I Think We're Alone Now

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Videos & Photos

  • Official Trailer

Movie Info & Cast

Synopsis

The apocalypse doesn’t appear to be the end of the world to Del (Peter Dinklage), a reclusive survivor who seems to be coping with the extinction of the human race just fine. In fact, he might even be enjoying his newfound solitude. Or at least he was, until a mysterious young interloper named Grace (Elle Fanning) disturbs his calm, quiet, empty existence. And she won’t leave him alone. The film earned director Reed Morano (The Handmaid’s Tale) the U.S. Dramatic Special Jury Award for Excellence in Filmmaking at the 2018 Sundance Film Festival.

Cast

  • Peter Dinklage
  • Elle Fanning
  • Charlotte Gainsbourg
  • Paul Giamatti

Did You Know?

Trivia

  • Some filming took place in Hastings-on-Hudson, New York
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Goofs

  • Lights and sounds of the fireworks cannot be seen/heard in the same time due the speed of light. First the lights, then comes the sound.
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Quotes

    • [Del shows a pink electronic device to Grace]
    • Grace: I don't know what that is.
    • [Del opens the device revealing the batteries inside]
    • Del: Batteries are the most important commodity the dead can offer.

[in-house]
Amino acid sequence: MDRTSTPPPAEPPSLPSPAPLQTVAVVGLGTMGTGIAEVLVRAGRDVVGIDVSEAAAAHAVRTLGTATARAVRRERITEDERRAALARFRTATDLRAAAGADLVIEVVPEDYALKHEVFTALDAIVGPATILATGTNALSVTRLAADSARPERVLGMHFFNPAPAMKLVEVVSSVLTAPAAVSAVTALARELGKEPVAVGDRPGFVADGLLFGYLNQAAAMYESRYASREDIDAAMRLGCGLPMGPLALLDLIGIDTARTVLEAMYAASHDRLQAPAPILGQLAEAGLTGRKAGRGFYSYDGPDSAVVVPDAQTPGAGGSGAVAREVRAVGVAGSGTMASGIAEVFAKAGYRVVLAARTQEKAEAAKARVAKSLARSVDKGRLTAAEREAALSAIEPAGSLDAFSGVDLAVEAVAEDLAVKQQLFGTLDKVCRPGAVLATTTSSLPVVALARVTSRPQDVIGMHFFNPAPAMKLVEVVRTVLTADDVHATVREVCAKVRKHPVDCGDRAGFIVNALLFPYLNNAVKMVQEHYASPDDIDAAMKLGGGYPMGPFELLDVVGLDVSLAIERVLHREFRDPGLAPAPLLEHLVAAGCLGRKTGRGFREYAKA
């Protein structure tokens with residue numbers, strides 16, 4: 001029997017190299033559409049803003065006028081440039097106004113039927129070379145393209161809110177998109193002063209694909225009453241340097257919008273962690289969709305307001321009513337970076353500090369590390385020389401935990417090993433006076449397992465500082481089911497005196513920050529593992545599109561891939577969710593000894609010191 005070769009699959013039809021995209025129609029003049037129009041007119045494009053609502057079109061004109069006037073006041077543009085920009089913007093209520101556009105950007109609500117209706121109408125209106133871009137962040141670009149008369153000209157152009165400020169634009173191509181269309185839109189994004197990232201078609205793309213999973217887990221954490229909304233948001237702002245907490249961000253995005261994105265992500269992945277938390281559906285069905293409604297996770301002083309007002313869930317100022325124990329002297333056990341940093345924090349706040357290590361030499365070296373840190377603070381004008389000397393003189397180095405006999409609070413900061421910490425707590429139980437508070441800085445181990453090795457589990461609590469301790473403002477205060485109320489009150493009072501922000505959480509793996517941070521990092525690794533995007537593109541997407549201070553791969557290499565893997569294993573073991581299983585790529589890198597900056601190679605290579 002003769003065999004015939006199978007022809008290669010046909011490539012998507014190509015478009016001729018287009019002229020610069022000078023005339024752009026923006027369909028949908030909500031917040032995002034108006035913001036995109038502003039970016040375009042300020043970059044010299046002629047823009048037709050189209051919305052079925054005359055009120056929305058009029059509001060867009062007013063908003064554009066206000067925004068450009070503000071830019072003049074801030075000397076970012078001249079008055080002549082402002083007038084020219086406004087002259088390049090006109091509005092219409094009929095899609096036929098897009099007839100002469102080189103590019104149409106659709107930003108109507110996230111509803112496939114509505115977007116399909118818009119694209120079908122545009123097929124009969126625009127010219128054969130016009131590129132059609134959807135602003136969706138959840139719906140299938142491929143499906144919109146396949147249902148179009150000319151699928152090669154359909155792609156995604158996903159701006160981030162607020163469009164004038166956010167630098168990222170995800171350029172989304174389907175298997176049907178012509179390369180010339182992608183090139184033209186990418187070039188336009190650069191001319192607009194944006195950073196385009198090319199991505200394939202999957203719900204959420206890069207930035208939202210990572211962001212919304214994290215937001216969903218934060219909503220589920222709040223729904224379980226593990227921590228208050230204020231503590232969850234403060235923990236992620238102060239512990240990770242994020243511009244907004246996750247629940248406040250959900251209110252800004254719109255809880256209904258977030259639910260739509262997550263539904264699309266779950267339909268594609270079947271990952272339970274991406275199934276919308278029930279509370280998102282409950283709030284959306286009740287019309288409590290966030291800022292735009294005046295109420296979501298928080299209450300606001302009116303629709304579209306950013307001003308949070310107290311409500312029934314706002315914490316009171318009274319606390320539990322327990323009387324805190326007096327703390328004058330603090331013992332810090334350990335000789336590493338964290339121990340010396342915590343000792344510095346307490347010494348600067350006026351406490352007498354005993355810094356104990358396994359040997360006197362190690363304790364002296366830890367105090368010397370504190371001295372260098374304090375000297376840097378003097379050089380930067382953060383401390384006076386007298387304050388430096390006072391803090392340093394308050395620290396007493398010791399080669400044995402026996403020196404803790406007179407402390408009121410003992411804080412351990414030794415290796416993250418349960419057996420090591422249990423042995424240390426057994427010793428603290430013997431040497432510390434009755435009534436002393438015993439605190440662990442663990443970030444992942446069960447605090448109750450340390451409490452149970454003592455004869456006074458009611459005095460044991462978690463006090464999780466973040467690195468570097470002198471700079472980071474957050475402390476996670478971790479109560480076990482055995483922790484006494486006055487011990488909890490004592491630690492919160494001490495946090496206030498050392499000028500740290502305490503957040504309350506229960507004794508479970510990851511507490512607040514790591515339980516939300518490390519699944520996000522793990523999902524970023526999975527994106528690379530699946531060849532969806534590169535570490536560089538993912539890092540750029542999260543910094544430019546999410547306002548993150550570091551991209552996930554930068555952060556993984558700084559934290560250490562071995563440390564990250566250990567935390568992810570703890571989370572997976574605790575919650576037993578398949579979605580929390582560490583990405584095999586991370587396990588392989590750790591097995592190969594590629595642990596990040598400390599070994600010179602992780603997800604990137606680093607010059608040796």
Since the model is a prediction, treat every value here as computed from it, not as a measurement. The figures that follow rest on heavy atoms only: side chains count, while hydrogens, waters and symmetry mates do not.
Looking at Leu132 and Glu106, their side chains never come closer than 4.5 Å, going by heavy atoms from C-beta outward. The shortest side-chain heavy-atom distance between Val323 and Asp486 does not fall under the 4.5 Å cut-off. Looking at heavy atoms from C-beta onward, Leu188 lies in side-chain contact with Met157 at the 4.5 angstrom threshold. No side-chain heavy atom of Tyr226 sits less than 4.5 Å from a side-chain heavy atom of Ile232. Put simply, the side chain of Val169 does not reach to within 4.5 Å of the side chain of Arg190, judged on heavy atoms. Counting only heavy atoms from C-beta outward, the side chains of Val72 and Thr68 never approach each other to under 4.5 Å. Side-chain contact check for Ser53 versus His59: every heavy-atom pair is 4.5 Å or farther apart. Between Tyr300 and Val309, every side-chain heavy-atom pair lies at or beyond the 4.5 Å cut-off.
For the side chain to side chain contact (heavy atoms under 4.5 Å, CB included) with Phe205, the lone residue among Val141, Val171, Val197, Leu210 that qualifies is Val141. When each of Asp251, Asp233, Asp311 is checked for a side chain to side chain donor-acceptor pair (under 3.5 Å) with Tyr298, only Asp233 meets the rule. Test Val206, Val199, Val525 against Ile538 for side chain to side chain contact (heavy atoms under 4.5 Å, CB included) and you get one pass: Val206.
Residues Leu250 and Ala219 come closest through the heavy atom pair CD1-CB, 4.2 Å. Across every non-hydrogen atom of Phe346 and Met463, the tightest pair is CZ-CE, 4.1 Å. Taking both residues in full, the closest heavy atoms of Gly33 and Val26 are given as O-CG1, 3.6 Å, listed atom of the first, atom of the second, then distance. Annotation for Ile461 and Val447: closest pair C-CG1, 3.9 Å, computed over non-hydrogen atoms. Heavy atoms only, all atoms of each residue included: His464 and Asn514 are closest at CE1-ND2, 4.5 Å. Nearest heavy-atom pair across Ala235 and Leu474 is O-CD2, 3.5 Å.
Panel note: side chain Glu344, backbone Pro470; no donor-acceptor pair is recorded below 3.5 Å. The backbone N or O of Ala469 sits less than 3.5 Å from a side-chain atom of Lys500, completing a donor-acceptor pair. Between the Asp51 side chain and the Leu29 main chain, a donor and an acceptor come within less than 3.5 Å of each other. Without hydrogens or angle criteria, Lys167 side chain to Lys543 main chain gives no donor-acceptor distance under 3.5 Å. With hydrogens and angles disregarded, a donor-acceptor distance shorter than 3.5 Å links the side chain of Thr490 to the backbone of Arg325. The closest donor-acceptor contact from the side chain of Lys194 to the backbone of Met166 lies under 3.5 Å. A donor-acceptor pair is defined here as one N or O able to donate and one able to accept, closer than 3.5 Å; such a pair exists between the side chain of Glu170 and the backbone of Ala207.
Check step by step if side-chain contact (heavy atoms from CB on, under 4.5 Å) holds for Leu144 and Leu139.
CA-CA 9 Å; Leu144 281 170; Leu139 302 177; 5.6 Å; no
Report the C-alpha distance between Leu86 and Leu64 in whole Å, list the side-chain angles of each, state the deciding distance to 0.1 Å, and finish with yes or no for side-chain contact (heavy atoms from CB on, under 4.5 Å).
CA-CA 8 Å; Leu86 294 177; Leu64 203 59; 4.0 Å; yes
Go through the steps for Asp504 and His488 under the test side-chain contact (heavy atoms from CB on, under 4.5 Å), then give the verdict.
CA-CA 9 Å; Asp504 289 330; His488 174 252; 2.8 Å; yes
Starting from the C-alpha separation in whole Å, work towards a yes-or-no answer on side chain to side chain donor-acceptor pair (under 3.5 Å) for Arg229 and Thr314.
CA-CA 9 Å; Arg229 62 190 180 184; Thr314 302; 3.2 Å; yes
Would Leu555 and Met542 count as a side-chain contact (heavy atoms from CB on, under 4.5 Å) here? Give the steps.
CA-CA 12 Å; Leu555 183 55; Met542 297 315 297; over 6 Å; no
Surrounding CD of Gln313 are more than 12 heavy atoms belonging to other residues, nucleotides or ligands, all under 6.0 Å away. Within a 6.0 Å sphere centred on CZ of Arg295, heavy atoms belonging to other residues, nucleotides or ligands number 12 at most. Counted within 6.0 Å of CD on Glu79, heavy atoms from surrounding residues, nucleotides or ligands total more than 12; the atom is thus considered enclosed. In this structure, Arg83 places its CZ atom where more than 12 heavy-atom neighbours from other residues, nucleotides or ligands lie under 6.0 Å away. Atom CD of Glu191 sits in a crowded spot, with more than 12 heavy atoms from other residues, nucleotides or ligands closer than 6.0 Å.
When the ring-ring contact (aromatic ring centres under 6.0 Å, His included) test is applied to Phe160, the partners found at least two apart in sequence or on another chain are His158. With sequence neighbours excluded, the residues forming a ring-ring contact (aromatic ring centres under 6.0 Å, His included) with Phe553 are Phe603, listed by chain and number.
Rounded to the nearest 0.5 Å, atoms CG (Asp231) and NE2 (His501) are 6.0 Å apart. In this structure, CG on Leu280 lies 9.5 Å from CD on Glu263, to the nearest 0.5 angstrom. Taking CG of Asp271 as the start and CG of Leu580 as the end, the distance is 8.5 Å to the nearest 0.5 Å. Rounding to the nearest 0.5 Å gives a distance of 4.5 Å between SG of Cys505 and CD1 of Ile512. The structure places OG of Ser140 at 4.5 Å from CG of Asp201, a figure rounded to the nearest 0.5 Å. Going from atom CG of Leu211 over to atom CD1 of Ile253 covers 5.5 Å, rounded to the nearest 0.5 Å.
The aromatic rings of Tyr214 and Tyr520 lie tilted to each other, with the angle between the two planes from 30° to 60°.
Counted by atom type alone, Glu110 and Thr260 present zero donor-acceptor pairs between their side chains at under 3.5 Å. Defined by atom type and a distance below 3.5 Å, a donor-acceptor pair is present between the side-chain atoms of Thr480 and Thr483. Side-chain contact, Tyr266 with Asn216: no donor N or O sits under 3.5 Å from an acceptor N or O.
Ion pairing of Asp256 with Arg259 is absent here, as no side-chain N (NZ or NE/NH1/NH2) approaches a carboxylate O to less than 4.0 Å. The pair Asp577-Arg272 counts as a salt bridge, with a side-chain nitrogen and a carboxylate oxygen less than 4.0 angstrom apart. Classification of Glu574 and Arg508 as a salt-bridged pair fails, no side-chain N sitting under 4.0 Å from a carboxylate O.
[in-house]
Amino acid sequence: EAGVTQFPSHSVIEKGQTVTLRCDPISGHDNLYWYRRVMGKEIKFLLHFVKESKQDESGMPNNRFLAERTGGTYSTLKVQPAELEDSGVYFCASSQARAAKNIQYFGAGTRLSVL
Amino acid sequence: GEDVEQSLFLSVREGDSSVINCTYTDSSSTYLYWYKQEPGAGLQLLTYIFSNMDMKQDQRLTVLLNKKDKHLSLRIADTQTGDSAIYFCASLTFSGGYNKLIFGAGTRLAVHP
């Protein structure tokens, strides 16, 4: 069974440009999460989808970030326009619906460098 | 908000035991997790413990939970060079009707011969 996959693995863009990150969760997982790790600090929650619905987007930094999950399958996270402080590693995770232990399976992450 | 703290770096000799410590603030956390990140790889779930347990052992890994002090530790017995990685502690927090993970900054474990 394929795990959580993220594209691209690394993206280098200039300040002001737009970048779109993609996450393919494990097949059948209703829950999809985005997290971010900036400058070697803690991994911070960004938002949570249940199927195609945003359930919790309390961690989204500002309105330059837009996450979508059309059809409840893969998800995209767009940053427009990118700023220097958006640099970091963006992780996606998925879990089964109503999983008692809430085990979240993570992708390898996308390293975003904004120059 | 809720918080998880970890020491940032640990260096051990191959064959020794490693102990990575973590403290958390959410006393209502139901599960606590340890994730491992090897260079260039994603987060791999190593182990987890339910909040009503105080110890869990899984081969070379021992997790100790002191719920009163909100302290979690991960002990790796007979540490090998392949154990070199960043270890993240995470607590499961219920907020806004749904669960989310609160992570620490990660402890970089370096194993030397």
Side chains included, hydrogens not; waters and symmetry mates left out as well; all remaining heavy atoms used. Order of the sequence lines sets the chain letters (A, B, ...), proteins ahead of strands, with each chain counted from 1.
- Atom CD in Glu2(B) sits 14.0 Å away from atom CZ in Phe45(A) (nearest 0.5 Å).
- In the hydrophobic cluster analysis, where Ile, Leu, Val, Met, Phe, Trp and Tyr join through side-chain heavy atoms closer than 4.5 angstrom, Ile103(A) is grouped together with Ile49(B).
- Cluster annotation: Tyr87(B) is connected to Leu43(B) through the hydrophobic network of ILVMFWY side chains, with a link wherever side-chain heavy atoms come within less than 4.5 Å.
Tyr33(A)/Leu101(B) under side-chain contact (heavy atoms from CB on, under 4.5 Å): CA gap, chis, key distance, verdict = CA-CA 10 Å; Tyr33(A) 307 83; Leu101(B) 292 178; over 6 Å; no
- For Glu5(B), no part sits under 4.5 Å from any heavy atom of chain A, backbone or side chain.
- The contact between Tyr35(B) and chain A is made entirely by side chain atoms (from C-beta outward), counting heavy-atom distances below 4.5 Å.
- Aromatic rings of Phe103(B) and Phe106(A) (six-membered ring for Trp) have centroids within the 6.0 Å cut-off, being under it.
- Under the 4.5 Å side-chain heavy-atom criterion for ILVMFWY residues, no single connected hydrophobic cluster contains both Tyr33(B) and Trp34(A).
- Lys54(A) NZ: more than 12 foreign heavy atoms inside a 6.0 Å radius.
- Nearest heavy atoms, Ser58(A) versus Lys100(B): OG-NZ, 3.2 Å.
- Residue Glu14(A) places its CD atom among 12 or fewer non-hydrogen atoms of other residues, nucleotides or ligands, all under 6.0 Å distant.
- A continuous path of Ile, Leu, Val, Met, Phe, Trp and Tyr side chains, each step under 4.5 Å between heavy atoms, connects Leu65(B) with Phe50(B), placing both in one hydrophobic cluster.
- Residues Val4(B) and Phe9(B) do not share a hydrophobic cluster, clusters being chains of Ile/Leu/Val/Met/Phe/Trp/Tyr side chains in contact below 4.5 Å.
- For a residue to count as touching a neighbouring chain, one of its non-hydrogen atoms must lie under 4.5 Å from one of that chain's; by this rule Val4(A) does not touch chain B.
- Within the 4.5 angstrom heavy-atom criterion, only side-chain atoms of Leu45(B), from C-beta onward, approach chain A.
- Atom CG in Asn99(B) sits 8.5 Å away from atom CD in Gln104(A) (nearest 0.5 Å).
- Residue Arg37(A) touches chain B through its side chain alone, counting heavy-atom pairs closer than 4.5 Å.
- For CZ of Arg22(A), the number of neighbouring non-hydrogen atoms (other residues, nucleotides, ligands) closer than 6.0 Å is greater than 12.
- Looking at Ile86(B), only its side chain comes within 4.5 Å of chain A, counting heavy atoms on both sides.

• Grace: The necrophiliac in me would have to disagree.
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Atom User Reviews

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Metacritic

80

The filmmakers’ handling of the surprises has a narrative deftness and visual cleverness that is legitimately unbalancing. It also adds a blast of dark comedy to the proceedings.

Tim Grierson
Screen Daily
30

Dramatically and philosophically void and unprovocative on the grand scale of apocalyptic speculative fiction, this low-budget indie is somber and dreary on a moment-to-moment basis and leaves its talented cast stranded with few opportunities to alleviate the sense of stasis.

Metacritic review by Todd McCarthy
Todd McCarthy
The Hollywood Reporter
80

I Think We’re Alone Now is a tone poem of a movie, telling its story with lush, vivid imagery, and quiet, nuanced performances. Its slow, methodical pacing may not appeal to all moviegoers, and the film’s final act doesn’t entirely work. But it’s nevertheless a beautiful meditation on loneliness and the walls we put up to deal with grief and loss.

Metacritic review by Bryan Bishop
Bryan Bishop
The Verge